On Friday, July 15th, Bank of America (Ticker: BAC) dipped to $9.88, and the only major bank in the single digits. If they wanted to raise their share price, all they’d have to do is conduct a reverse stock split like Citibank to trick investors into thinking it’s worth more than it is. Out of all the banks I’ve done business with, Bank of America was the worst in terms of customer service and rates and it’s interesting to see how it’s playing out.
During the financial crisis in 2008, I spread my money purposefully to Bank of America given that I was afraid any and all banks could fail, and the FDIC only insured up to $250,000. Before BoA, I had been banking with Citibank, USAA, First Republic, and a little bit at Chase. As the markets began to recover in 2010, I withdrew all my money and refinanced a mortgage away from Bank of America because I just couldn’t take how uncompetitive BoA was and how poorly I was treated.
Why Bank Of America Bummed Me Out
- I was stood up by the Bank of America mortgage refinance guy not once, but twice. For the second time, he even confirmed with me 45 minutes prior that he would be at his office waiting. When I got there, I waited for 30 minutes and his boss had to apologize on his behalf. Being late is a pet peeve of mine already. But, to actually flake on a customer after confirming just moments ago is inconceivable.
- When I successfully refinanced away from Bank of America at a rate much more competitive, Bank of America made me fill out extra forms and charge me several hundred bucks for access to my own records. I remember thinking what a bunch of crock, and unnecessary delay in paperwork because no bank had ever required this when I refinanced in the past i.e. more fees and paper work. Also wondered to myself why the hell they just didn’t give me a rate mod, or offer to match the refinance fee so that they could still make a spread off me.
- I lost my online password, and when I went to reset it, they said I needed to input my ATM card number, even though I destroyed it 18 months prior and didn’t have it. Instead, I had to call customer service for 30 minutes to retrieve.
- Their CD and savings rates were simply uncompetitive. We’re talking at least 0.5%, and often a full 1% lower than other banks at that time. You’re losing out on $1,250 to $2,500 a year on $250,000 for example. When you can simply move your money to any other bank that is offering more, you might as well, especially since the financial storm had passed.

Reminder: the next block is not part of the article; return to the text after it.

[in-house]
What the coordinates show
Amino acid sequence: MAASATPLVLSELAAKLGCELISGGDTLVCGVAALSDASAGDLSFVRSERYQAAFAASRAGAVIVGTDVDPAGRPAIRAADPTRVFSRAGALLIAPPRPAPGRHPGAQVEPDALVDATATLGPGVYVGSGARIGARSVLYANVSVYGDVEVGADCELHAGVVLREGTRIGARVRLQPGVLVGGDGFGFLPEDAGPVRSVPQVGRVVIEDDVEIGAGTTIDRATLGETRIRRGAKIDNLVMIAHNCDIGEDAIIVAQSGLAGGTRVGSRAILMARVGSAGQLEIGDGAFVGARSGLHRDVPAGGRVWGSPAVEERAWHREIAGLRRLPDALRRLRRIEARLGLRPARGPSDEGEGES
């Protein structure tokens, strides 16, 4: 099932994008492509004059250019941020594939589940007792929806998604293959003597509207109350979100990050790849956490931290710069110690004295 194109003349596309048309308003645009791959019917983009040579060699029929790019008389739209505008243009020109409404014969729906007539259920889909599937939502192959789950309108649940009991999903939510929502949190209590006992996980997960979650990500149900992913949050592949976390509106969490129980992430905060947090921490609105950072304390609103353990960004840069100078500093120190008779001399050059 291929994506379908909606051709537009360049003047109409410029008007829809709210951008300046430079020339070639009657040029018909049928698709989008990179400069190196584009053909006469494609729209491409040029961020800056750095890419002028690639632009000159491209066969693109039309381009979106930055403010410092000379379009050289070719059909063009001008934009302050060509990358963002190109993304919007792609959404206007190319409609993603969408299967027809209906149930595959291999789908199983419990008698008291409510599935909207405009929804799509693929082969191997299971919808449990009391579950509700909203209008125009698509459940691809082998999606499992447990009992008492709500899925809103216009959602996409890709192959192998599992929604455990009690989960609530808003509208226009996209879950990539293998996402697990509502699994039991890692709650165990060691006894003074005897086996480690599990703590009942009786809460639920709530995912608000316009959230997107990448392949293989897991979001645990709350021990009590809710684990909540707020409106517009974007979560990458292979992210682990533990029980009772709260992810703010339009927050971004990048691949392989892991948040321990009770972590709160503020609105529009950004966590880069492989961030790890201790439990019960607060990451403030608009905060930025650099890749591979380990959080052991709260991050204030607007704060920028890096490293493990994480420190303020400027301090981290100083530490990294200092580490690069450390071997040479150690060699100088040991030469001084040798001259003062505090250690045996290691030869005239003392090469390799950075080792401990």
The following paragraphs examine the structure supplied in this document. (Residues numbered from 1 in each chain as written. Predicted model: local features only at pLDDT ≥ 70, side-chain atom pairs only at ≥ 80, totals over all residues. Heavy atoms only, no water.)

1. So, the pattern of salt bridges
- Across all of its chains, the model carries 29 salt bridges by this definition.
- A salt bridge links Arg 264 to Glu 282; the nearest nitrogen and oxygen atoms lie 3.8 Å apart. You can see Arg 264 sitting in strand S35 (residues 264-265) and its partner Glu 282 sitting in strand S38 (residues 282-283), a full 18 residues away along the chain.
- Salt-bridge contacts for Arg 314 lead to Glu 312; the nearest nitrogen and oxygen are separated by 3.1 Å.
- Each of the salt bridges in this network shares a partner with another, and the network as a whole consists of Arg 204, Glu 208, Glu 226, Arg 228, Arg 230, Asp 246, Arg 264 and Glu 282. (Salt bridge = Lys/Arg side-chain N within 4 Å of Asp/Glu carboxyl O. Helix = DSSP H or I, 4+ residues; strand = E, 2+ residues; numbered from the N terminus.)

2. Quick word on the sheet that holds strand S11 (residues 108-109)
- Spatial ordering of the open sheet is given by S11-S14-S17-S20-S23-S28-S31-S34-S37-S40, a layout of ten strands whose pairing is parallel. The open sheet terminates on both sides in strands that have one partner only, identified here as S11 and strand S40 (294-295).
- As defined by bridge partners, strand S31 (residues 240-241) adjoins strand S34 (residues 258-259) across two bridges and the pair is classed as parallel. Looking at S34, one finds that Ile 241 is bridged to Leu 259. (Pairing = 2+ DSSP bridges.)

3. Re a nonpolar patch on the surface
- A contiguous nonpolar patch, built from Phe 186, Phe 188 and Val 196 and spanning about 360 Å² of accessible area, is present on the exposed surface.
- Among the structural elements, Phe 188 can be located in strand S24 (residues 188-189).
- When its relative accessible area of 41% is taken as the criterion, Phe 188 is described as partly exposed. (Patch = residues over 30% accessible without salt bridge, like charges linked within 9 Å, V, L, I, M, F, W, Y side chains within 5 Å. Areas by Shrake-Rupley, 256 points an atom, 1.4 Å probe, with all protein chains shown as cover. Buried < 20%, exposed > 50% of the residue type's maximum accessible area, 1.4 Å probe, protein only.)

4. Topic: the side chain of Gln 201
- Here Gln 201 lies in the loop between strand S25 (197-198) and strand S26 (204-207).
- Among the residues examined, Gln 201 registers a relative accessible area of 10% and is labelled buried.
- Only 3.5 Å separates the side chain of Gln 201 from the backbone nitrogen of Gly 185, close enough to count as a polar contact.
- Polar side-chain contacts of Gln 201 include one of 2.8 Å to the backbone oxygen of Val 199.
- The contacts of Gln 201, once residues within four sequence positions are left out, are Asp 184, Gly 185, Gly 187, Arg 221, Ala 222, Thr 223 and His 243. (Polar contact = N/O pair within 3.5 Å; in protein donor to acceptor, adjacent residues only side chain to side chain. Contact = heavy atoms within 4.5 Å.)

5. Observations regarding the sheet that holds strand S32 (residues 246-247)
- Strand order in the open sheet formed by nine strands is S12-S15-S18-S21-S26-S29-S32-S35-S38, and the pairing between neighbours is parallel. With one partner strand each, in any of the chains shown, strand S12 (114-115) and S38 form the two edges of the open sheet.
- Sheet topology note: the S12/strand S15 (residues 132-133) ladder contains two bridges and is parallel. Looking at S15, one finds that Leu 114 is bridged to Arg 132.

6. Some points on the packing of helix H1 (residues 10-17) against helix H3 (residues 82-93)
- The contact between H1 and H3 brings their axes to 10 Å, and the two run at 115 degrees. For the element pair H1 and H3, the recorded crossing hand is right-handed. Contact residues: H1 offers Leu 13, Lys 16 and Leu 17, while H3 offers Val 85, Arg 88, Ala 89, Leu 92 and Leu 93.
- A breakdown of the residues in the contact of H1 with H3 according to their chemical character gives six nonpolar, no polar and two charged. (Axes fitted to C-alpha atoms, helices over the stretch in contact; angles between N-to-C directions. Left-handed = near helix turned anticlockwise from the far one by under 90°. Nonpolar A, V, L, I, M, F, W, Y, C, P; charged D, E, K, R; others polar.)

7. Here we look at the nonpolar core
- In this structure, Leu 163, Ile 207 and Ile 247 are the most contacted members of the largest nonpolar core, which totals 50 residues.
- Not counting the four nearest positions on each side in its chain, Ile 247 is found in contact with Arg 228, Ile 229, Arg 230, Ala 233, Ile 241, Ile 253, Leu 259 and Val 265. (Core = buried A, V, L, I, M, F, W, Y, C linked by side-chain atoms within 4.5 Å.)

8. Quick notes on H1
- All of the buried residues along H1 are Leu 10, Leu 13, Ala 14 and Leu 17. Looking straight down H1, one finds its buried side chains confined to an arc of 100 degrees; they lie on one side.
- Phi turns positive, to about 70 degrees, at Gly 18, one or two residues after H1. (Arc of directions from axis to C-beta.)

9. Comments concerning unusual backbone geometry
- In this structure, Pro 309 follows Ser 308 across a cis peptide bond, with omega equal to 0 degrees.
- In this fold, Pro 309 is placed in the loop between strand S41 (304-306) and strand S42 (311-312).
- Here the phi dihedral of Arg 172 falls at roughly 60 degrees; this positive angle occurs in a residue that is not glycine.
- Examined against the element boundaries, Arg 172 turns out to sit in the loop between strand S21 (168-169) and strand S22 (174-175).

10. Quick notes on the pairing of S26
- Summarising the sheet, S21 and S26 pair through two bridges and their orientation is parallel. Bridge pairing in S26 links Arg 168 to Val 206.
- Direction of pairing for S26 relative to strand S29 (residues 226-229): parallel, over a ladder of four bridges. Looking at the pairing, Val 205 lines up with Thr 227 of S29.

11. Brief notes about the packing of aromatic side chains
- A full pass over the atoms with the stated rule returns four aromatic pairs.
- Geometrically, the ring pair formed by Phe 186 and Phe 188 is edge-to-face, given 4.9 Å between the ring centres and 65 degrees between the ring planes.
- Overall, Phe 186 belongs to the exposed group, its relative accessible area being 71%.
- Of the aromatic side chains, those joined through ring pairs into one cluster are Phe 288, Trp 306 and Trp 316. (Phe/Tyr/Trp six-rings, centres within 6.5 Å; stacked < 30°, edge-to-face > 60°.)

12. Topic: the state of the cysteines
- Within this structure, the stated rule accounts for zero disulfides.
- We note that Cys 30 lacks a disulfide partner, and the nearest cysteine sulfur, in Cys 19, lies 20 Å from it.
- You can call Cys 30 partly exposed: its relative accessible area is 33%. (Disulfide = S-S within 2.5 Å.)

- My personal banker was let go. She was actually really good and responded quite quickly over e-mail. She tried her best to push things along and get the best rates possible for me, but she was running into internal walls everywhere. When she let go of her, I decided I definitely have not one shred of allegiance to Bank of America anymore.
Too Big To Fail Doesn’t Mean It’s Not Too Big To Go Nowhere
After the massive bailout, I never thought that Bank of America would get back into financial trouble. However, with its poor service, uncompetitive rates, and more poor service, perhaps there might very well be a good old fashion bank run again. All these settlements ($8.5 billion on June 29th with mortgage bond holders), limits on what it can do (government denied the bank could pay a dividend), and massive drag on earnings (Countrywide), make Bank of America a lame duck company to own. We all know about its empire building history, but now, the world is seeing what poor management and customer service can do to a company.
If an average Joe like me fled the bank 1.5 years ago when it was supposedly on its upswing, how many folks are fleeing the bank now as its back on a downswing? There were certainly some good people at Bank of America too. But for the most part, I felt like such a second class citizen that I had to go.
Note: The value investor in me wants to buy BAC in the single digits. But, the customer in me is still pissed off about getting stood up twice. Any good or bad experiences with Bank of America on your end?
This was a guest post from Sam at Financial Samurai, where he helps readers slice through money’s mysteries. He’s also the founder of the Yakezie Network, a group of the best personal finance blogs on the web.